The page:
I’ve come across a very lively publisher of Arabic, Farsi and Turkish translations to English, histories of the region, biographies, cookbooks [The Axis of Evil Cookbook!], with a strong emphasis on women, writers and written about.  Saqi Books has offices in San Francisco and London as well as Beirut.

I’ve read Nawal el-Sadaawi’s Two Women in One, and am in the middle of The Devil You Don’t Know, an Iraqi memoir, journalistic reflection of returning to Iraq by Zuhair al-Jezairy.  I recommend them both.

AFSANEH: Short Stories by Iranian Women looks particularly intriguing.

“Whether negotiating often-treacherous paths through political and religious upheavals or threading their way through dreams and fantasies, the characters in these stories are vivid and compelling enough to challenge and surprise anyone unfamiliar with Iranian life and literature. Simin Daneshvar, perhaps the most renowned Iranian woman writer of all time, has as a recurring theme in her stories the oppressive atmosphere prevailing in Iran during the last two decades before the Islamic Revolution of 1979. Goli Taraqqi’s stories are populated with sick, desperate people who lead lonely lives suffused with fear. The Shemiran Bus and A House in Heaven are virtuoso works of hers, and probably two of the best examples of contemporary prose in Iran. In the words of one critic: ‘If Taraqqi had not written anything but these stories, she would still be regarded as first-rate amongst Iranian writers.’ Others include Shahrnoosh Parsipour, Moniroo Ravanipour, Mahshid Amirshahi, Fereshteh Sari, and Fereshteh Molavi.”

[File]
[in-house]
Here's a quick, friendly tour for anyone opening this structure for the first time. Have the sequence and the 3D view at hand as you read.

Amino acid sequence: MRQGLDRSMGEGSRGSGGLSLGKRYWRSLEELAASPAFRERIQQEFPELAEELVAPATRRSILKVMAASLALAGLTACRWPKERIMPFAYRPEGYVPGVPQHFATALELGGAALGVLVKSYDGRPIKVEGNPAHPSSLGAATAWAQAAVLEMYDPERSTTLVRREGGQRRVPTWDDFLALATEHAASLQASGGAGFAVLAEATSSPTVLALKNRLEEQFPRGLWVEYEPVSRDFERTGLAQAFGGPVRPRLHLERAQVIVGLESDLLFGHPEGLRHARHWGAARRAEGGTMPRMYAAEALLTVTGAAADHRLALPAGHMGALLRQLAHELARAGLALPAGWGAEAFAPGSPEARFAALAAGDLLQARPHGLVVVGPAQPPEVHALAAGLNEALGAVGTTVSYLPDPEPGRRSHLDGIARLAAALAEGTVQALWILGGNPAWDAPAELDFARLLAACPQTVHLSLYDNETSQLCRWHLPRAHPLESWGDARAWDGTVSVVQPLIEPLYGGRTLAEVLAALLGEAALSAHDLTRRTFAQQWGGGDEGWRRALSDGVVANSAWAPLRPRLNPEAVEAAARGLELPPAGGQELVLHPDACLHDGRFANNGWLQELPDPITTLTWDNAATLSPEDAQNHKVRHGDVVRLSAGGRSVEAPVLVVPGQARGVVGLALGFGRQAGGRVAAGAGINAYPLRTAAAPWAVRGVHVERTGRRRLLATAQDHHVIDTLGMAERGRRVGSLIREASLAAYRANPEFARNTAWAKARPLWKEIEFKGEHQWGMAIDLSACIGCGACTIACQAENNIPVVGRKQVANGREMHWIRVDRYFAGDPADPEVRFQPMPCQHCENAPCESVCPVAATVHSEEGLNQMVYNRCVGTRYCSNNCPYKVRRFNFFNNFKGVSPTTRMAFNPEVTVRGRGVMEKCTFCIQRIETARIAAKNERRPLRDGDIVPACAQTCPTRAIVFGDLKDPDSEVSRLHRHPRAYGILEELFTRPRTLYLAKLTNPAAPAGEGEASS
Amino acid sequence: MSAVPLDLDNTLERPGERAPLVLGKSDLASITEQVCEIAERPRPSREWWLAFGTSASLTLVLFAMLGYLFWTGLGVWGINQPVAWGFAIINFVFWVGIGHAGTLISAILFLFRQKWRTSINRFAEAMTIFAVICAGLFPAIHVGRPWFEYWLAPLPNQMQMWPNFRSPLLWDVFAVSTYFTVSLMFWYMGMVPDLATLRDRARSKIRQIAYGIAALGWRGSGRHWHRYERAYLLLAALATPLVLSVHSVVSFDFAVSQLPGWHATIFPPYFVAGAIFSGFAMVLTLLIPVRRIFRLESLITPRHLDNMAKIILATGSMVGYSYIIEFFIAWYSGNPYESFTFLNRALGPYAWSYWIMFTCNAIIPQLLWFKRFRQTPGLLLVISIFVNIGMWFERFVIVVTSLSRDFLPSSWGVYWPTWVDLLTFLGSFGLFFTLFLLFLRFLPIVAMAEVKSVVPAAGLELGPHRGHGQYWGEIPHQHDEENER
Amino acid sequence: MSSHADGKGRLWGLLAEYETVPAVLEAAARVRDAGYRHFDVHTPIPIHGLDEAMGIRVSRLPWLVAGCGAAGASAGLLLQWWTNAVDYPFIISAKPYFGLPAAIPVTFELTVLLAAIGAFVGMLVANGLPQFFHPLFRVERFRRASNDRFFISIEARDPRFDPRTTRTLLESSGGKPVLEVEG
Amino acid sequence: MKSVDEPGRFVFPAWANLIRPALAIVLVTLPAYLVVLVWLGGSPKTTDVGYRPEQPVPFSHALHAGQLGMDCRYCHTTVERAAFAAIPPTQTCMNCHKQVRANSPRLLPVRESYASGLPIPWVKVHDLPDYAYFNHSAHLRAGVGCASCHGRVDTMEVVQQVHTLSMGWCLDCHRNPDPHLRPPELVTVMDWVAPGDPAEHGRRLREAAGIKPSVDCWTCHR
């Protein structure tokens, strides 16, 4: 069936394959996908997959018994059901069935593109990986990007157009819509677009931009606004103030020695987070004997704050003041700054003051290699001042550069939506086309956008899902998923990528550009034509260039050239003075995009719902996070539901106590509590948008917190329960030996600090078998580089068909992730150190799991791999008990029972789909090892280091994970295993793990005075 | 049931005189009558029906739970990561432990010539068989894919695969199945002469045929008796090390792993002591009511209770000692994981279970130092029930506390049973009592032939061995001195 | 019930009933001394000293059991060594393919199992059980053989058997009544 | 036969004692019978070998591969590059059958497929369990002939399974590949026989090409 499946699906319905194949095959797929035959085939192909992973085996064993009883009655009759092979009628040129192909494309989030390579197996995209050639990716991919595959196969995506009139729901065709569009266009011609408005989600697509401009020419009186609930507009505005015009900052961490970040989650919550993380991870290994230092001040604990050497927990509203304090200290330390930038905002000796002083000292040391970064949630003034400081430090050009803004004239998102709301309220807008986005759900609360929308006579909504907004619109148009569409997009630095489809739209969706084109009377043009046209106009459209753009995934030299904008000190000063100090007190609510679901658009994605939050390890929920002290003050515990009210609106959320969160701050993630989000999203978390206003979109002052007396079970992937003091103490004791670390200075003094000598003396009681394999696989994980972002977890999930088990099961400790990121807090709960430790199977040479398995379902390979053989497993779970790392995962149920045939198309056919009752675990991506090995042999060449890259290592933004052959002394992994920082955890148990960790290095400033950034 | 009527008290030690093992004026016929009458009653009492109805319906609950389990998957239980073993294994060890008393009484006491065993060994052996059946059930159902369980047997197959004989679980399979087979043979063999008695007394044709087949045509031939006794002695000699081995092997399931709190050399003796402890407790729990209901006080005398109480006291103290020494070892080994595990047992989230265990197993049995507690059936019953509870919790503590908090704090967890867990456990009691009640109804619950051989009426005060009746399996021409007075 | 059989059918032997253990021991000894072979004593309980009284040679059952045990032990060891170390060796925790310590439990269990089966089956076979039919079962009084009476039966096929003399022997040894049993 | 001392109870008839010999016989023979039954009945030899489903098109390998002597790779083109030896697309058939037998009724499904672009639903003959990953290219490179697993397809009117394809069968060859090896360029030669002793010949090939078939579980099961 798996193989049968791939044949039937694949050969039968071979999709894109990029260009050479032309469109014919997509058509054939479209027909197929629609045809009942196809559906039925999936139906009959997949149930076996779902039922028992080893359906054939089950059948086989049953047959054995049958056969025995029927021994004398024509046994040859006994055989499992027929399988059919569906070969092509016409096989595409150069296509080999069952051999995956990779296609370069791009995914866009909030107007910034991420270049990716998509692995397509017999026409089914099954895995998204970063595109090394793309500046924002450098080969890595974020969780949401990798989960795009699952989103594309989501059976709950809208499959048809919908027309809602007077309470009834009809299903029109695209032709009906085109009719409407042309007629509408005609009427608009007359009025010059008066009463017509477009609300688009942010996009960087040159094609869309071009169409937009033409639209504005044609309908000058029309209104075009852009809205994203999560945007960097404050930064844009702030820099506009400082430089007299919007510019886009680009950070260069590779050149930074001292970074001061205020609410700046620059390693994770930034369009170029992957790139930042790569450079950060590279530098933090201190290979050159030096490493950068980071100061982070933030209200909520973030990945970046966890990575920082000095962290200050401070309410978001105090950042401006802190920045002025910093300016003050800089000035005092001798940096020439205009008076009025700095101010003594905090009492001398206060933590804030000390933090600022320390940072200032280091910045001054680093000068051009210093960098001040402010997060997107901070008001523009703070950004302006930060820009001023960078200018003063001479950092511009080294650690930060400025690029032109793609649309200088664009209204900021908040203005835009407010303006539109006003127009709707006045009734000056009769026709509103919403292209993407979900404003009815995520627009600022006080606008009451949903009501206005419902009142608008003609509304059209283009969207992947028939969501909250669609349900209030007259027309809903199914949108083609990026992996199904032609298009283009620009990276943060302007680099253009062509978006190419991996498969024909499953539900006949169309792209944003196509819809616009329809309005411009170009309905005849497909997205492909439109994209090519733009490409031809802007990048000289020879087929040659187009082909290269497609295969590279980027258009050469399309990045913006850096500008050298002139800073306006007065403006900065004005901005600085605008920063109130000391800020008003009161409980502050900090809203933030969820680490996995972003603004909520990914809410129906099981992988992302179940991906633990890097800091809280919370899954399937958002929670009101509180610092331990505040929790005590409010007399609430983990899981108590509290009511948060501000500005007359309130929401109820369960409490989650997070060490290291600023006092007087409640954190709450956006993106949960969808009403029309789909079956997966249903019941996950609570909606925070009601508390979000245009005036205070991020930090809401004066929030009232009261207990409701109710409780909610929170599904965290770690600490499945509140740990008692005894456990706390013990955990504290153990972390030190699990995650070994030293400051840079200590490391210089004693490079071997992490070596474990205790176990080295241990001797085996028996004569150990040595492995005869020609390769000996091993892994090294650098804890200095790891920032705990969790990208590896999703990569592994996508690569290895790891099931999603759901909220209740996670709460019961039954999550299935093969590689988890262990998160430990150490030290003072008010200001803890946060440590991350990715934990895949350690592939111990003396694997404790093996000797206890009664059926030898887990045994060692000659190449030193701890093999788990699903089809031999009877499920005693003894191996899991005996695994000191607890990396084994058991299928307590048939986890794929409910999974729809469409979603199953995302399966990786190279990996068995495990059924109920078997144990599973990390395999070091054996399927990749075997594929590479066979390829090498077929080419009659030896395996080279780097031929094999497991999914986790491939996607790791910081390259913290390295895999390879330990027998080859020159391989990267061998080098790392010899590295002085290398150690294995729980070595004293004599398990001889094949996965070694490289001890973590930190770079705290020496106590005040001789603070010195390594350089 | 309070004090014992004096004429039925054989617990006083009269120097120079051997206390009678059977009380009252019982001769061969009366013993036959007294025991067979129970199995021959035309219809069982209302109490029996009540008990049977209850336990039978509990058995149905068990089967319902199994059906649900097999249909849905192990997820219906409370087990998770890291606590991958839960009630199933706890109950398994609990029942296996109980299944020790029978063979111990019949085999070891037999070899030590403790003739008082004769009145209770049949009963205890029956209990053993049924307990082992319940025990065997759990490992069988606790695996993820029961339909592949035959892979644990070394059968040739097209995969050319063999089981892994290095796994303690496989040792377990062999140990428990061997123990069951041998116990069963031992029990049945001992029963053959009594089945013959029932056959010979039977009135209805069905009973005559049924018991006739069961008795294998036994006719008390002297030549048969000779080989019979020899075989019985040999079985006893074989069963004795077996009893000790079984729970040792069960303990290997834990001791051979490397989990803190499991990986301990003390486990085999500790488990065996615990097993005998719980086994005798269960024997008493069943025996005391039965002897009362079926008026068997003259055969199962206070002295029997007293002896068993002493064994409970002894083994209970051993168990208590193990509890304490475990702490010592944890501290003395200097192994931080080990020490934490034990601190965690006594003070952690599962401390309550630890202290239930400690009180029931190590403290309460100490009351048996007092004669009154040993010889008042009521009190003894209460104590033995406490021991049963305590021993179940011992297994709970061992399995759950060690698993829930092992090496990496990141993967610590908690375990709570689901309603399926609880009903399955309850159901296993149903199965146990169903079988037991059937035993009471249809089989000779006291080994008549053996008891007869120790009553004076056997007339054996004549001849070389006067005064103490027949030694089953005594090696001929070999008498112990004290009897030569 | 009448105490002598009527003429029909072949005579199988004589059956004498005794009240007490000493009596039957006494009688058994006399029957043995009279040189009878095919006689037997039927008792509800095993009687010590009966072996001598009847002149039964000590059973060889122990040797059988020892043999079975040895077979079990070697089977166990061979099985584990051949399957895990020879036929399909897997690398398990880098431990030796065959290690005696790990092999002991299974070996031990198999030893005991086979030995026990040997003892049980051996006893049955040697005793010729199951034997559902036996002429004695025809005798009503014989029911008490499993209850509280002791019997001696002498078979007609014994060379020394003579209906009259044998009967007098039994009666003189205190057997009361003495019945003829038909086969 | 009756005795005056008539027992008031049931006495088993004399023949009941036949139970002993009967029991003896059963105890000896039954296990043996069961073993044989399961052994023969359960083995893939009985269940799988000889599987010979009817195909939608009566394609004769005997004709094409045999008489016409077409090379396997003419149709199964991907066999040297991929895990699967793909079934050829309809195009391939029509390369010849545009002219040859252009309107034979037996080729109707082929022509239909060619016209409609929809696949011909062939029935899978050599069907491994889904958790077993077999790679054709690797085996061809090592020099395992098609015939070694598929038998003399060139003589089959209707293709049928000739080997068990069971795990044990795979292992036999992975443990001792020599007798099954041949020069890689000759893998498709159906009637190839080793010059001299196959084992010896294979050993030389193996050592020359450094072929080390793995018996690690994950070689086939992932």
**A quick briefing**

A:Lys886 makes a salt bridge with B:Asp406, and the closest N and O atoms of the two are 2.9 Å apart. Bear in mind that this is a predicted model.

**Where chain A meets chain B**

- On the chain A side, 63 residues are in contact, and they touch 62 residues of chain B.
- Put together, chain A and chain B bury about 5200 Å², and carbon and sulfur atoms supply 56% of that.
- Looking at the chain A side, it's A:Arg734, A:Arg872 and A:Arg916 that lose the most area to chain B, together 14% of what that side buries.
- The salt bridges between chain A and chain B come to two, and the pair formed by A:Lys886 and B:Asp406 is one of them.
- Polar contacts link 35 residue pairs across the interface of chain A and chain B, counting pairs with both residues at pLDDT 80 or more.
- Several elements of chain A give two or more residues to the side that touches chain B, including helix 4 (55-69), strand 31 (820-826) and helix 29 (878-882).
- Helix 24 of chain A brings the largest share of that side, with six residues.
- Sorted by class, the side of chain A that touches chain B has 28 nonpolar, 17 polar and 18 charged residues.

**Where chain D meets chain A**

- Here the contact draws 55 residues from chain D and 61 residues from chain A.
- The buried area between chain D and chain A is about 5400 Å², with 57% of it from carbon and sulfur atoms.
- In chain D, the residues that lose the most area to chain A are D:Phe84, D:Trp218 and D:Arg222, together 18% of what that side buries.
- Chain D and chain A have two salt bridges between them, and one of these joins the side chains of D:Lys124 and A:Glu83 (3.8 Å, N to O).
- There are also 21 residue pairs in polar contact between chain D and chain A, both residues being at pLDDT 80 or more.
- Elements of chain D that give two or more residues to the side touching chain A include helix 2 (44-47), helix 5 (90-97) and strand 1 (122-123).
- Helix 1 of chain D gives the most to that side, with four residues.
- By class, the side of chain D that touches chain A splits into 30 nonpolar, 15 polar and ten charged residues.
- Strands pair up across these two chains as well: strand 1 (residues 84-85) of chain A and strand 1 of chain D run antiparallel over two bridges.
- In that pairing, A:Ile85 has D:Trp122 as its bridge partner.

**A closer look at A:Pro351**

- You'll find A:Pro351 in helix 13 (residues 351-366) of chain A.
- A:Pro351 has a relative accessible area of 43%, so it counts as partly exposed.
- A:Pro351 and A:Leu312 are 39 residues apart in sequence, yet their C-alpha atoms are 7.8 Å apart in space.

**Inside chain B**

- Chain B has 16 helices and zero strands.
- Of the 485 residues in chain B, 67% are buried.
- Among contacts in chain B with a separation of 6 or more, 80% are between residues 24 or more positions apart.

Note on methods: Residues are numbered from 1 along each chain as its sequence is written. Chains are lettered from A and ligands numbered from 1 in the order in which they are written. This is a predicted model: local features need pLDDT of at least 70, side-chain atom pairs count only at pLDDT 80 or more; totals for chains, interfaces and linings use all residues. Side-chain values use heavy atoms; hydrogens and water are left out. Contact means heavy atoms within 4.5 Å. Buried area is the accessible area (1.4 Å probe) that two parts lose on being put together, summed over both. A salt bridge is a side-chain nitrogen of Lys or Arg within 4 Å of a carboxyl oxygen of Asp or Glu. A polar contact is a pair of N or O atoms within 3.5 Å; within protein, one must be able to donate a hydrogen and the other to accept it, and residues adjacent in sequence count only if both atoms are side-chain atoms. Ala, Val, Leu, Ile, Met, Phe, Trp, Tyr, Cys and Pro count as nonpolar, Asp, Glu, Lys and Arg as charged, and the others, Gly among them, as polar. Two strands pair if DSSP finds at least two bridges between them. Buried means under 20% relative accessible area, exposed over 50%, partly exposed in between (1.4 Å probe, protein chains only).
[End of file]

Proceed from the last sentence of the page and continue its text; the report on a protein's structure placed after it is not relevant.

As does Sufism and Surrealism, by the well known Syrian-Lebanese poet, Adonis.

Save a space in your summer reading for at least one writer from the mysterious Middle– neither East nor West but the heart of the great caravan routes from Acre to Cairo, Istanbul to Samerkand.  Learning more about water on the moon is fine.  We also need to learn about lives in the lands we so easily ignore.